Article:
Vaccination reduces not only the risk of getting sick but also the risk of severe influenza. Similarly, vaccination helps alleviate and reduce complications. When a chronically ill person gets a vaccine, he also prevents the underlying disease itself from getting worse.

Is it advisable to get the maximum vaccine coverage and why?

Yes. When the vaccine coverage is sufficiently high, it means stopping the virus cycle and thus creating a so-called flock protector. It means that a person who is unvaccinated or a person with deficient responsive to vaccination indirectly gets additional protection when the virus no longer spreads from one person to another.

Is it better to have an influenza in a "natural way" than having a vaccine?

If you get ill with a disease, immunity or resistance generally lasts longer than the influence of the vaccination. This also applies to influenza. In that sense, there is something true in the claim.

However, decisive in the whole picture is the benefit obtained by vaccination at the level of both the population and the individuals.

Influence can at worst also cause death. When we have a safe and good vaccine that on most people effectively prevent seasonal influenza, so why not use it?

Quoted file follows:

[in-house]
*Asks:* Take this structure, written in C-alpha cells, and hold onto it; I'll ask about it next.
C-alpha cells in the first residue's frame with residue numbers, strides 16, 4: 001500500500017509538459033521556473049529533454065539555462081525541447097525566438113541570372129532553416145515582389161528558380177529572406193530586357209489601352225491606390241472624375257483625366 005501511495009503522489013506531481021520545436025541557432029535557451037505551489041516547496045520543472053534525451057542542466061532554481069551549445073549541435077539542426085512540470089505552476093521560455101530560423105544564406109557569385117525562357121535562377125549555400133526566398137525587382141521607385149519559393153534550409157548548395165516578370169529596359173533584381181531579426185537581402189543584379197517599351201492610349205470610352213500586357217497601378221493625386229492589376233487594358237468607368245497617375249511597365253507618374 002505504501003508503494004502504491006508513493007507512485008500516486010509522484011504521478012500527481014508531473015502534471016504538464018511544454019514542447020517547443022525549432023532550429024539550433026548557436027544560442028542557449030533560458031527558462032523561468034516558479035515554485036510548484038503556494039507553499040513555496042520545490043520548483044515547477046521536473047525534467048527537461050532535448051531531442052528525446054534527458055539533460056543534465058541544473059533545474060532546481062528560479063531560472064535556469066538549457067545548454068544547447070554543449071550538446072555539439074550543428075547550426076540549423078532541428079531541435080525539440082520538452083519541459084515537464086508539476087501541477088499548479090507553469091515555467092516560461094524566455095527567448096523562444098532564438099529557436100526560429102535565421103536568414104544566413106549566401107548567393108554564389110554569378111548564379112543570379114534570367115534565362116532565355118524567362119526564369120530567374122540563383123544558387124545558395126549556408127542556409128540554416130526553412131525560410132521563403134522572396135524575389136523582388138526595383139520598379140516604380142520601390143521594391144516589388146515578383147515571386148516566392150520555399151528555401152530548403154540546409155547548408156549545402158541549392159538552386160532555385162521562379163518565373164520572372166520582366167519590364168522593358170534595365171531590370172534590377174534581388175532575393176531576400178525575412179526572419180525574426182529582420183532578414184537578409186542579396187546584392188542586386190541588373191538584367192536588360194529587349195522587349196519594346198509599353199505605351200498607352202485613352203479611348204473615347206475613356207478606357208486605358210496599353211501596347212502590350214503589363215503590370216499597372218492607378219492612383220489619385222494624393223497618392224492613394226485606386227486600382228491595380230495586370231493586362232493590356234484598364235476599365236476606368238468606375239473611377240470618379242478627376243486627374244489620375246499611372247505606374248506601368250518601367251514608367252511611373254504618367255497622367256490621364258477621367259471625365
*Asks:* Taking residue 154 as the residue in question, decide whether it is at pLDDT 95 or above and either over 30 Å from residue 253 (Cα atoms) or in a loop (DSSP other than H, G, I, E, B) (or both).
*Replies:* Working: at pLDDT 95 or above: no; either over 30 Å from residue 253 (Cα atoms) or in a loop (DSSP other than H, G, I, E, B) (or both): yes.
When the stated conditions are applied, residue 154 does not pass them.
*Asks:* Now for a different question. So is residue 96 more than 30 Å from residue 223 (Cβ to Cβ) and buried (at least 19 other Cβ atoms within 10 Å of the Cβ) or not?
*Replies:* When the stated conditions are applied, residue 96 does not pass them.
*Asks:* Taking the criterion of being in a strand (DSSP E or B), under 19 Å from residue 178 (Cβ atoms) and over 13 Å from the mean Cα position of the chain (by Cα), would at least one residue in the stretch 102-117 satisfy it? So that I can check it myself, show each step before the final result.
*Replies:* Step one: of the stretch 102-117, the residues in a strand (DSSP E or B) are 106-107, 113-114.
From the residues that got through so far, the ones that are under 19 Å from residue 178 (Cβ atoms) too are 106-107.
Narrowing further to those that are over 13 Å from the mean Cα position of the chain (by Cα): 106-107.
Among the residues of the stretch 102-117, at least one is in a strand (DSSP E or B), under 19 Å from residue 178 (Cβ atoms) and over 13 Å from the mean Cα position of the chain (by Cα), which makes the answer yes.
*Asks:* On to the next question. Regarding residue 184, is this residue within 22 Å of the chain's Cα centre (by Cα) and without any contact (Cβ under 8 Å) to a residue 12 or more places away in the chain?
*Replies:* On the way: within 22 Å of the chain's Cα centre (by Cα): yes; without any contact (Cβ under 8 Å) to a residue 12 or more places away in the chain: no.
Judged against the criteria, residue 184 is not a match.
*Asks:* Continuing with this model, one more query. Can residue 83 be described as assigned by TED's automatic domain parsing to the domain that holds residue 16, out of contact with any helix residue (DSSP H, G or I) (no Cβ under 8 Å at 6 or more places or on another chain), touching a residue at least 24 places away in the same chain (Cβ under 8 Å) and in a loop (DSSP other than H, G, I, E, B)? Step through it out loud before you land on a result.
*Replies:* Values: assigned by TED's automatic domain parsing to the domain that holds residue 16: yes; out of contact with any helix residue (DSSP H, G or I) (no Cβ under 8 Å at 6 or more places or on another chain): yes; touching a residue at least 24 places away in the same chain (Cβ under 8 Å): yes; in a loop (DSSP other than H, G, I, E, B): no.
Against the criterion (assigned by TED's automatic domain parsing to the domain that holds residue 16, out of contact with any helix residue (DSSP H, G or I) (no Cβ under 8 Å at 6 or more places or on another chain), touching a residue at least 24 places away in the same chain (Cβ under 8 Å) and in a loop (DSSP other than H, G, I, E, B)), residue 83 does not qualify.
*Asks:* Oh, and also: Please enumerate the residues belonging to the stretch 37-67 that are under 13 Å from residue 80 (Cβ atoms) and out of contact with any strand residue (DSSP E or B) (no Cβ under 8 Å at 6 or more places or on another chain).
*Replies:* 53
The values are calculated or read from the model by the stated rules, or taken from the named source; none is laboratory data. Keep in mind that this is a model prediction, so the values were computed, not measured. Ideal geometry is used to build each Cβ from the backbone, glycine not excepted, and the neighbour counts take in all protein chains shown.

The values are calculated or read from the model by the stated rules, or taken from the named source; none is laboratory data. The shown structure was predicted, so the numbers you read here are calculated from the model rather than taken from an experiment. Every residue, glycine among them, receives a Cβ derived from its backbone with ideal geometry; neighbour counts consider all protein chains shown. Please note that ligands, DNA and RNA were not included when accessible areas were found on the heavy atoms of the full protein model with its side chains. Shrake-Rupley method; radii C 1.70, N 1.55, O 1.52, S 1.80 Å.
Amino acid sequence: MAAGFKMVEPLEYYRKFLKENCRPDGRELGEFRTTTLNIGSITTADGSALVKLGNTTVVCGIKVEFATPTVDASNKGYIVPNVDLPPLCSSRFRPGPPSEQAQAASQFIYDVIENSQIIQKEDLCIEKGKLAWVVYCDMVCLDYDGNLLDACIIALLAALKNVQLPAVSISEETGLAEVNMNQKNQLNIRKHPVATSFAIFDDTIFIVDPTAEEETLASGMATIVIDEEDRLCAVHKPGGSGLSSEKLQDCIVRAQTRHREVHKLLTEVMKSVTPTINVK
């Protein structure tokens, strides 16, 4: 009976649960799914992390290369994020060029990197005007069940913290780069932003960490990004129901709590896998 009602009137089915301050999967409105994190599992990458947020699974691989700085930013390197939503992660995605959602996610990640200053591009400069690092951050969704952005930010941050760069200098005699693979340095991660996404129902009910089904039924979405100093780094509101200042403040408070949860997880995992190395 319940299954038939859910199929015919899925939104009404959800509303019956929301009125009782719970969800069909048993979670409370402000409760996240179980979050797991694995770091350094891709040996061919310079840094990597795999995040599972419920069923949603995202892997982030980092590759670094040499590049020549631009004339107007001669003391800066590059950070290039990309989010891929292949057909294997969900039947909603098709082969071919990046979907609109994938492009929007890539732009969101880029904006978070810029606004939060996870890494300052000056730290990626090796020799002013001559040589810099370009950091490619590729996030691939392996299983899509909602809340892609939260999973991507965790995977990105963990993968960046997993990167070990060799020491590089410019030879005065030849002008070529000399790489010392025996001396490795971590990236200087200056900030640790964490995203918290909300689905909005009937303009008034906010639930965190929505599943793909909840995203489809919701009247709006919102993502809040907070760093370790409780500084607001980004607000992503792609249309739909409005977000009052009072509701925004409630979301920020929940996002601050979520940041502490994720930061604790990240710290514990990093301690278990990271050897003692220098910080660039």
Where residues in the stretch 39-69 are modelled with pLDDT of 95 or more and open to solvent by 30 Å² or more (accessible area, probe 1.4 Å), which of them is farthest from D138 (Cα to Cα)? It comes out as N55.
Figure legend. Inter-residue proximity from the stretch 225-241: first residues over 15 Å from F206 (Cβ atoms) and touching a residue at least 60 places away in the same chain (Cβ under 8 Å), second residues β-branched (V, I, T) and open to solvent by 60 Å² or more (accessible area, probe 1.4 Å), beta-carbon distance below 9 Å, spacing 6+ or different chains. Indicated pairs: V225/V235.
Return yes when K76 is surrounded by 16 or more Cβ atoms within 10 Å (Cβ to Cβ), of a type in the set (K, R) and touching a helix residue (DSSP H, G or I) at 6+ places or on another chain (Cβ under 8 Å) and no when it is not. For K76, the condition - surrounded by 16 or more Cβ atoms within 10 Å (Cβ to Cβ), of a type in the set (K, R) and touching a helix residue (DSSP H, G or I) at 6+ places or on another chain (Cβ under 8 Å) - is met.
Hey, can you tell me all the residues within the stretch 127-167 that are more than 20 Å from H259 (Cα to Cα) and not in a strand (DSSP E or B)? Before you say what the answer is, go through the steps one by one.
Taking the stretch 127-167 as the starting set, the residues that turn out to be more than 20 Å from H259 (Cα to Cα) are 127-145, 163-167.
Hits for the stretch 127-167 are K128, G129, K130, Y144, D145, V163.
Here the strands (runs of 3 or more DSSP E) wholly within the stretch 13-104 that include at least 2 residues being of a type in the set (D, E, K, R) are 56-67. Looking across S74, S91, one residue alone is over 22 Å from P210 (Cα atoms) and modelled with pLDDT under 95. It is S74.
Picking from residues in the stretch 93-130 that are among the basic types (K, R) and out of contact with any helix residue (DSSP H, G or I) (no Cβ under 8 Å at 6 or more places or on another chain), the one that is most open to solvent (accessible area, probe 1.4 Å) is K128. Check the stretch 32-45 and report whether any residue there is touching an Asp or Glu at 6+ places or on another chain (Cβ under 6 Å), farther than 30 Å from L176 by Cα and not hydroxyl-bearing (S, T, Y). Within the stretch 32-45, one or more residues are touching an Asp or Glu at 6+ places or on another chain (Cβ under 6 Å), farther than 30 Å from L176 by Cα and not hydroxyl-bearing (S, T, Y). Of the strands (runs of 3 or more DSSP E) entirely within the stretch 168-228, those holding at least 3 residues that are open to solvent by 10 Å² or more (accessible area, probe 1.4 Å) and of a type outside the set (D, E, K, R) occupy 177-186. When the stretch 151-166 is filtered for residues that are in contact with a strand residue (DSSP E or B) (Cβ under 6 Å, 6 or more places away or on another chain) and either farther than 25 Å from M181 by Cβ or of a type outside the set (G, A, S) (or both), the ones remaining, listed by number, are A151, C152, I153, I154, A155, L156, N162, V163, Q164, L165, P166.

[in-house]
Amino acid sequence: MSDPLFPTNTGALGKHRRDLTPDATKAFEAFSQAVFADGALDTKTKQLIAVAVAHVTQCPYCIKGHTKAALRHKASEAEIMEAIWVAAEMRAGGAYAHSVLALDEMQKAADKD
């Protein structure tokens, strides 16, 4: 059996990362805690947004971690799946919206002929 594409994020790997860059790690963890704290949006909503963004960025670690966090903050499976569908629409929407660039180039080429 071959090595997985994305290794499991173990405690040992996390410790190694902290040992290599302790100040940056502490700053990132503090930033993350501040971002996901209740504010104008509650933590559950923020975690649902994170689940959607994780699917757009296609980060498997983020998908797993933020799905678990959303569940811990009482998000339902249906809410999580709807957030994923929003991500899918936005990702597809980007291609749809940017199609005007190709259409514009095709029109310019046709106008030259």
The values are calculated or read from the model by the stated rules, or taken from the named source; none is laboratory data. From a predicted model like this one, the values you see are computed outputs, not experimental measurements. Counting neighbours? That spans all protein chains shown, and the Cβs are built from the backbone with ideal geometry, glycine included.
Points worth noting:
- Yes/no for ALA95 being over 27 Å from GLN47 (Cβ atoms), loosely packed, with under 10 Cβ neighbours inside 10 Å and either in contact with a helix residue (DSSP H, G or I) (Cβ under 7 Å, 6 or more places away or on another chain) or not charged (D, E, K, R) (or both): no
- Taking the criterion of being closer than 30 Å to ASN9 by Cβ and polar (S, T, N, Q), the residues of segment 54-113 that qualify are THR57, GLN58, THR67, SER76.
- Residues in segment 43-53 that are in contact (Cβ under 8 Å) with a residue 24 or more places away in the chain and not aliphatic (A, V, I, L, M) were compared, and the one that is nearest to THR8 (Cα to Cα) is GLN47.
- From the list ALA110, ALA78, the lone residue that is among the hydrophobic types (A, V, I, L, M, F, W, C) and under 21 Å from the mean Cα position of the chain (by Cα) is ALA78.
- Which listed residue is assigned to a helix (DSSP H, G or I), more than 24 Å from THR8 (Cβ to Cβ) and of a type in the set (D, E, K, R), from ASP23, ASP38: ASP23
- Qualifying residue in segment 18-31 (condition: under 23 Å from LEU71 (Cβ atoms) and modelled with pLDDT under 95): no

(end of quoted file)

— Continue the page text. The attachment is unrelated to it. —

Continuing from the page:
Conventional influenza vaccines can not cause influenza. They do not contain whole, living viruses, but only small influenza virus particles, called viral fragments.

If you get sick with influenza:

Stay home and get rest. Remember to drink plenty of fluids.

If an influenza strikes, its symptoms can be alleviated by the use of self-medication. A healthy adult flu patient can treat the influenza mainly symptomatically. Rest, sufficient fluid intake and fever and pain medication are key ways.

If necessary, you can use a Rhino Horn, or as well as nasal sprays for the nose. If the cough is dry and disturbing, you may stop the irritation with the cough medication.

Additionally, it is important to take care of a good hand hygiene, which includes both careful and sufficiently frequent washing of hands and the use of hand sanitizer.

Taking care of hygiene is important in order not to infect others. To avoid droplet infection, proper coughing technique is essential: it is important to use some kind of cover when coughing, for example a clean handkerchief. It is good to go see a doctor if there is a feeling of pressure in the sinuses or if you feel intense pain in the forehead or pain in the throat. In addition, a suspicion of pneumonia is a reason to contact a doctor.

In children, complication of an influenza can result in a sudden ear inflammation, often requiring antibiotic treatment.

When symptoms are strong, it is good to contact your doctor. The alarming symptoms are high fever, clearly and significantly deteriorating general feeling and changes in symptoms during illness days.

Healthy adults recover from influenza usually within 1-2 weeks.

Disinfection of various surfaces and hands during influenza is an important part of the prevention of influenza in homes, for example. When treating a family member who has already become sick, you should ensure that the risk of infection is as small as possible.